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A Guide To: Party Walls

Thursday, November 16, 2017

We talk you through party walls (the walls you share with your neighbours), offering help and advice to homeowners and landlords who are unsure of their rights and responsibilities.

What is a party wall?

If you live in a semi-detached or terrace house you share a wall (or walls) with your neighbour – that wall is known as a party wall.

Party walls usually separate buildings belonging to different owners but could include garden walls built astride a boundary – known as party fence walls.

Where a wall separates two different size buildings often only the part that is used by both properties is a party wall, the rest belongs to the person or persons on whose land it stands.

The Party Wall etc Act

Since the Party Wall etc Act 1996 came into force, homeowners in England and Wales have had a procedure to follow when building work involves a party wall or party fence wall, some excavations close to neighbouring buildings, and new walls at boundaries.

The Act permits owners to carry out certain specific works, including work to the full thickness of a party wall, whilst at the same time protecting the interests of anyone else who might be affected by that work.

The Act is designed to avoid or minimise disputes by making sure property owners notify their neighbours in advance of certain proposed works. The Act requires that where the adjoining owner does not ‘agree’ in writing to the works a surveyor or surveyors will determine the time and way in which those works are carried out.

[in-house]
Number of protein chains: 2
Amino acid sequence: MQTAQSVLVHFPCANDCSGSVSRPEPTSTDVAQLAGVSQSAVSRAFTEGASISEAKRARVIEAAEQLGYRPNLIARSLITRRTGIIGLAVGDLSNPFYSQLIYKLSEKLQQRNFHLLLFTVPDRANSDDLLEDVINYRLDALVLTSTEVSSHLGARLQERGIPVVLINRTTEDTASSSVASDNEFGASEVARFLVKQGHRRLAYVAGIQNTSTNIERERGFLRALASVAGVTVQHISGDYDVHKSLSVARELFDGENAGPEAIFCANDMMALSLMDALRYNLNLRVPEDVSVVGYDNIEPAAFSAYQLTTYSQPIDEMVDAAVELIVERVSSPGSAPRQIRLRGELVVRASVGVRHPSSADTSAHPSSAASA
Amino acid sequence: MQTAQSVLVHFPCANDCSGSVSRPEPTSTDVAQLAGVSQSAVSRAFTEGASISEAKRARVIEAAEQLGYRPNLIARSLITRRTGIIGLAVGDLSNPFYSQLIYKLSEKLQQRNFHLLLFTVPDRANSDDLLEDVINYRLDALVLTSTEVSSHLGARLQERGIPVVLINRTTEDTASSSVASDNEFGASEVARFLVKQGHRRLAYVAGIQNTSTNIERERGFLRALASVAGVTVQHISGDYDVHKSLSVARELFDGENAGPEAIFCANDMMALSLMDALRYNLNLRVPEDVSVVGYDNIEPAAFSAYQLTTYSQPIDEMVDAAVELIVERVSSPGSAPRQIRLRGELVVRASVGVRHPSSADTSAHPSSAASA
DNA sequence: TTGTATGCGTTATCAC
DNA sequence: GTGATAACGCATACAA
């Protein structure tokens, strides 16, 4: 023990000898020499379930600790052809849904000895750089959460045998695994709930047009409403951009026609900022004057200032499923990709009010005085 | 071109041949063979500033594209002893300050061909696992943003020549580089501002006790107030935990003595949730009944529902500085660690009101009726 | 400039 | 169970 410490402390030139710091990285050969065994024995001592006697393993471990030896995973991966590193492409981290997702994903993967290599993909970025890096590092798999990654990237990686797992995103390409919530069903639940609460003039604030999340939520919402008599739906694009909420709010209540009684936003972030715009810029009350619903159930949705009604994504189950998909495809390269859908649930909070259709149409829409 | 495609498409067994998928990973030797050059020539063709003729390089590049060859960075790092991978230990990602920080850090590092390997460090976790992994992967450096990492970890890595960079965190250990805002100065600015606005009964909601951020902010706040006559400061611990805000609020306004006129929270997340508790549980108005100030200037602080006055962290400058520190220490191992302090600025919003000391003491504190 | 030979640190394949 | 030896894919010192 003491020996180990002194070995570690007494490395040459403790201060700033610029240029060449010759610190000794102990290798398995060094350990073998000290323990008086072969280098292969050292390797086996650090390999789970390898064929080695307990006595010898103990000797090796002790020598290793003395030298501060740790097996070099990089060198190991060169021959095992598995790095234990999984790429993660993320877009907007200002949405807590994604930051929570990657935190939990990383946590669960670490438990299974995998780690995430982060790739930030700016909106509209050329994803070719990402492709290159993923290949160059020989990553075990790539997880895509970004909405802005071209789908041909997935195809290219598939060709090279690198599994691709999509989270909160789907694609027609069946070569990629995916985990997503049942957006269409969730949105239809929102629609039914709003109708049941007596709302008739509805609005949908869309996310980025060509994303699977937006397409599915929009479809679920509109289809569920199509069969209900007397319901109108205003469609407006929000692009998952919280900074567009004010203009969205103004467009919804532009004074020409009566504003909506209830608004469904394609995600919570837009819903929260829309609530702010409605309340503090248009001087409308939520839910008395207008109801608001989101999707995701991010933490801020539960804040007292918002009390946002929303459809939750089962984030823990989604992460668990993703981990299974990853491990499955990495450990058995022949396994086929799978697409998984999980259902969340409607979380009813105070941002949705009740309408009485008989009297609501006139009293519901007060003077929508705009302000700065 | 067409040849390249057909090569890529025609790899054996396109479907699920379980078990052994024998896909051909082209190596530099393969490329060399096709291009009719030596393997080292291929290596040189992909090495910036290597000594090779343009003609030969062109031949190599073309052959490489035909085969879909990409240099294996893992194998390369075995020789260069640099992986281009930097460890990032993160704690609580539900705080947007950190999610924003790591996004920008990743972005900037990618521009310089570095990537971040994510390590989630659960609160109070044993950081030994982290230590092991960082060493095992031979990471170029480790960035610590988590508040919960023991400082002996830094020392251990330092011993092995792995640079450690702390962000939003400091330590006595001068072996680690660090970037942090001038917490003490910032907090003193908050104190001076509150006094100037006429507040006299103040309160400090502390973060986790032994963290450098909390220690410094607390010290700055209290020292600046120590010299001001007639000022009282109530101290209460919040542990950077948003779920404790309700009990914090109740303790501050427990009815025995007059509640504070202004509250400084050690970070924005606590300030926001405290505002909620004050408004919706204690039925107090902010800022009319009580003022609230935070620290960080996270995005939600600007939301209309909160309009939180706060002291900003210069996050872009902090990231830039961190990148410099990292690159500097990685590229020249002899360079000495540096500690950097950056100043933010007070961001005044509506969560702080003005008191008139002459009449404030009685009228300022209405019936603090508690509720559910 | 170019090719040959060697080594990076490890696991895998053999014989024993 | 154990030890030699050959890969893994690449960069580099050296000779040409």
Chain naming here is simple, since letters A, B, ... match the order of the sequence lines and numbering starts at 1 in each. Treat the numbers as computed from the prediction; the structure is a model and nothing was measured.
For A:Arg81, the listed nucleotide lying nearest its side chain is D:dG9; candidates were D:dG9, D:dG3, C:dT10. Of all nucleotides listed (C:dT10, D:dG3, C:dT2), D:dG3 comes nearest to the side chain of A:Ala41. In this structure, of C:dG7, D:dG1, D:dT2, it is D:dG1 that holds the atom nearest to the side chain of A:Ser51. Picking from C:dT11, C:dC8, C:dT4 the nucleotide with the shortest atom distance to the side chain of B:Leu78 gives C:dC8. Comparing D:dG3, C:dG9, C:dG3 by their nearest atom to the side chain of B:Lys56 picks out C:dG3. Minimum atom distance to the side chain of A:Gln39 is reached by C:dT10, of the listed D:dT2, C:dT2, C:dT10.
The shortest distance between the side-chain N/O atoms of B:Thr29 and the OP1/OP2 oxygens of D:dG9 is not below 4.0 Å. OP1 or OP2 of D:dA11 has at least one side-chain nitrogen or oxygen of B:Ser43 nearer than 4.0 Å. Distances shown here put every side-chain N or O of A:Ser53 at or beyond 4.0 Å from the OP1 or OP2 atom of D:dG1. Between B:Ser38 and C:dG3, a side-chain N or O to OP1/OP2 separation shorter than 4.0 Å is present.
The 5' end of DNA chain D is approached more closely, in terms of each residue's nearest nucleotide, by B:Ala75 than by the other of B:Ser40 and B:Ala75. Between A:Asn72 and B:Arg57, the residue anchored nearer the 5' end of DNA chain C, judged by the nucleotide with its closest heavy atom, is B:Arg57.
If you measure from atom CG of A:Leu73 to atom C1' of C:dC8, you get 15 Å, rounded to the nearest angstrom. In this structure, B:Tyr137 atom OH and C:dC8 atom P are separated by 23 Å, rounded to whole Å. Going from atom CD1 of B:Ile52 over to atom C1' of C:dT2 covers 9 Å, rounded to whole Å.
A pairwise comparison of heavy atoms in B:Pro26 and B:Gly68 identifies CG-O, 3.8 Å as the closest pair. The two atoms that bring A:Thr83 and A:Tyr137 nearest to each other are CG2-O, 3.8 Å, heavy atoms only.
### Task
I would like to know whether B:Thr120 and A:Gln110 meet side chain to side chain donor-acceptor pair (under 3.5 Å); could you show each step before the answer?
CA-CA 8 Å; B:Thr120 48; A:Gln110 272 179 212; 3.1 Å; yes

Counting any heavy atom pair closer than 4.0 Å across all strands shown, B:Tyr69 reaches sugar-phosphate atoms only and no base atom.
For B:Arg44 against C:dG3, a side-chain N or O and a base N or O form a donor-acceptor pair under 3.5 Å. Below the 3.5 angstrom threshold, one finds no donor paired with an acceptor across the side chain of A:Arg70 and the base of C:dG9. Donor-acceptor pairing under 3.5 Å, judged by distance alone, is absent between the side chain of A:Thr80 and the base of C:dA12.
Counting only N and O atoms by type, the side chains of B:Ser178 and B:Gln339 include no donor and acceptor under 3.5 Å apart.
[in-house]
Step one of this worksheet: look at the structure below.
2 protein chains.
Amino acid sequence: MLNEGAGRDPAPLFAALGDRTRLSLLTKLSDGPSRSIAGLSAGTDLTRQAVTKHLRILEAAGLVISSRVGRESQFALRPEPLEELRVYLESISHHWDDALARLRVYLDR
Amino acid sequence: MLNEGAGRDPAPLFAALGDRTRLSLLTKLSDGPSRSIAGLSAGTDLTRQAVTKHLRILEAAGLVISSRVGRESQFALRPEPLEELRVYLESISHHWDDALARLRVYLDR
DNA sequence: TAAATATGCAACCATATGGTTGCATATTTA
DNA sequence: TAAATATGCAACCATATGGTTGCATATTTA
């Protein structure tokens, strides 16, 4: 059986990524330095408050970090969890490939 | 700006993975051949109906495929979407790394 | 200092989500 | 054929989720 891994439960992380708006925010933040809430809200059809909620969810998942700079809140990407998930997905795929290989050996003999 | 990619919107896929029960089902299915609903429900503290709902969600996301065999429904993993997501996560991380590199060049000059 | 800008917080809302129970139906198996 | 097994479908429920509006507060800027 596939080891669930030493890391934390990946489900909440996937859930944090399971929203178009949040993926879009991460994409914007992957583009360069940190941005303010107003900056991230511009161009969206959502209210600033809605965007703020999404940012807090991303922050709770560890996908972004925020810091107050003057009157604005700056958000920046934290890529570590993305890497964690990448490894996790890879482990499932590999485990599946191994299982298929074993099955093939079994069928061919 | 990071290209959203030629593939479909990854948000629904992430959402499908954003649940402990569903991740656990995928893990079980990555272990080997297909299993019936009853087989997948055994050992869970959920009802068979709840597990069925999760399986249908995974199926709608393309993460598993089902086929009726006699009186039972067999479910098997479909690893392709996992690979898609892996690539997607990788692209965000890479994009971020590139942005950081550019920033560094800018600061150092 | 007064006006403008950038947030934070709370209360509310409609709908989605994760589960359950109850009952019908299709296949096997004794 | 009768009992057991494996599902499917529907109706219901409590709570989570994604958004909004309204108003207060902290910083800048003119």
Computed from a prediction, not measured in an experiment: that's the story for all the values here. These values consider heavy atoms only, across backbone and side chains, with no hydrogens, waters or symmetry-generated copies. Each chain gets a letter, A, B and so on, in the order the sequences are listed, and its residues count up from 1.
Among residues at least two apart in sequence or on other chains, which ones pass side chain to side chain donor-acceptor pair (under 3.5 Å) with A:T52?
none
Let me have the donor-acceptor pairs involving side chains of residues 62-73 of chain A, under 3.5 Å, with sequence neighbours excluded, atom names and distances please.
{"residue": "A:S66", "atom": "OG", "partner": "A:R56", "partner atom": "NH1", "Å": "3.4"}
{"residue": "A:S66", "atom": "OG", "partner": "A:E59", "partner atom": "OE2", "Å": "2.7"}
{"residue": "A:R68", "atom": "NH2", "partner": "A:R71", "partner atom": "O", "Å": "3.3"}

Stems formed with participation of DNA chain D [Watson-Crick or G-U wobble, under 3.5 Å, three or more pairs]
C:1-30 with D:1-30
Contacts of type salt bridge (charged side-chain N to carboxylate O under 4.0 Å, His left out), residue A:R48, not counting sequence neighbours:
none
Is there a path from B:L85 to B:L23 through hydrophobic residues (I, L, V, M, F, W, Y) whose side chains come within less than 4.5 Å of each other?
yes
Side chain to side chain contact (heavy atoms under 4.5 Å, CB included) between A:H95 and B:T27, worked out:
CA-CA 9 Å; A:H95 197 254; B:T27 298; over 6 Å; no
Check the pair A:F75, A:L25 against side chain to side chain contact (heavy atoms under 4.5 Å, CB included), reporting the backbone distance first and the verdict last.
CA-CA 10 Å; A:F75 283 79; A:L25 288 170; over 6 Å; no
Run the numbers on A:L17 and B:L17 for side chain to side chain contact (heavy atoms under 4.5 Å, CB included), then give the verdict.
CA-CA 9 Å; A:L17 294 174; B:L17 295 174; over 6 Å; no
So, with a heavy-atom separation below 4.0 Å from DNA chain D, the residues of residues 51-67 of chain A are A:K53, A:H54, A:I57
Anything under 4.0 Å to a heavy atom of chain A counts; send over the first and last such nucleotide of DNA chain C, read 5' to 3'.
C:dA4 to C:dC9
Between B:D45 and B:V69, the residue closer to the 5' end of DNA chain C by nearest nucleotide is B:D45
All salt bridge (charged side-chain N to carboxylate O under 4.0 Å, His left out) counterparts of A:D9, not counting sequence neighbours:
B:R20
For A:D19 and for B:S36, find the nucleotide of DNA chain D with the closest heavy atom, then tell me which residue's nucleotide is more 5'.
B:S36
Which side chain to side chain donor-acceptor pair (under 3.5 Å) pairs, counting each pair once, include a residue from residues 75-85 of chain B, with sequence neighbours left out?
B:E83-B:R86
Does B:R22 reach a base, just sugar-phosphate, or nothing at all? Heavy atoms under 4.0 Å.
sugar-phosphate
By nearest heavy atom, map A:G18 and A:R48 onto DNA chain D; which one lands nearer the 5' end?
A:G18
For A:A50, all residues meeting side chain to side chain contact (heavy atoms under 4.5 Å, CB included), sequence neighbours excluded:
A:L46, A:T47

What is covered by the Act?

There are some things that you can only do to a party wall after notifying your neighbour and either with the written agreement of the neighbour or with a Party Wall Award prepared by a surveyor/s.

Such works include:

  • cutting into a wall to take the bearing of a beam, for example for a loft conversion
  • inserting a damp proof course, even if only to your own side of a party wall
  • raising a party wall and, if necessary, cutting off any objects preventing this from happening
  • demolishing and rebuilding a party wall
  • underpinning a party wall or part of a party wall
  • weathering the junction of adjoining walls or buildings by cutting a flashing into an adjoining building
  • excavating foundations within three metres of a neighbour’s structure and lower than its foundations
  • excavating foundations within six metres of a neighbour’s structure and below a line drawn down at 45° from the bottom of its foundations.

You must also notify your neighbour if you propose to build a new wall on the line of junction (boundary) between two properties.

What is not covered by the Act?

The Act relates only to certain specific types of work and is permissive in nature. It is not just another way to object to or try to prevent your neighbour’s works nor is it intended to be applied to everyday minor jobs that do not affect the structural integrity or loading of a party wall, such as:

  • fixing plug sockets
  • screwing in wall units or shelving
  • adding or replacing electrical wiring or sockets
  • replastering your walls.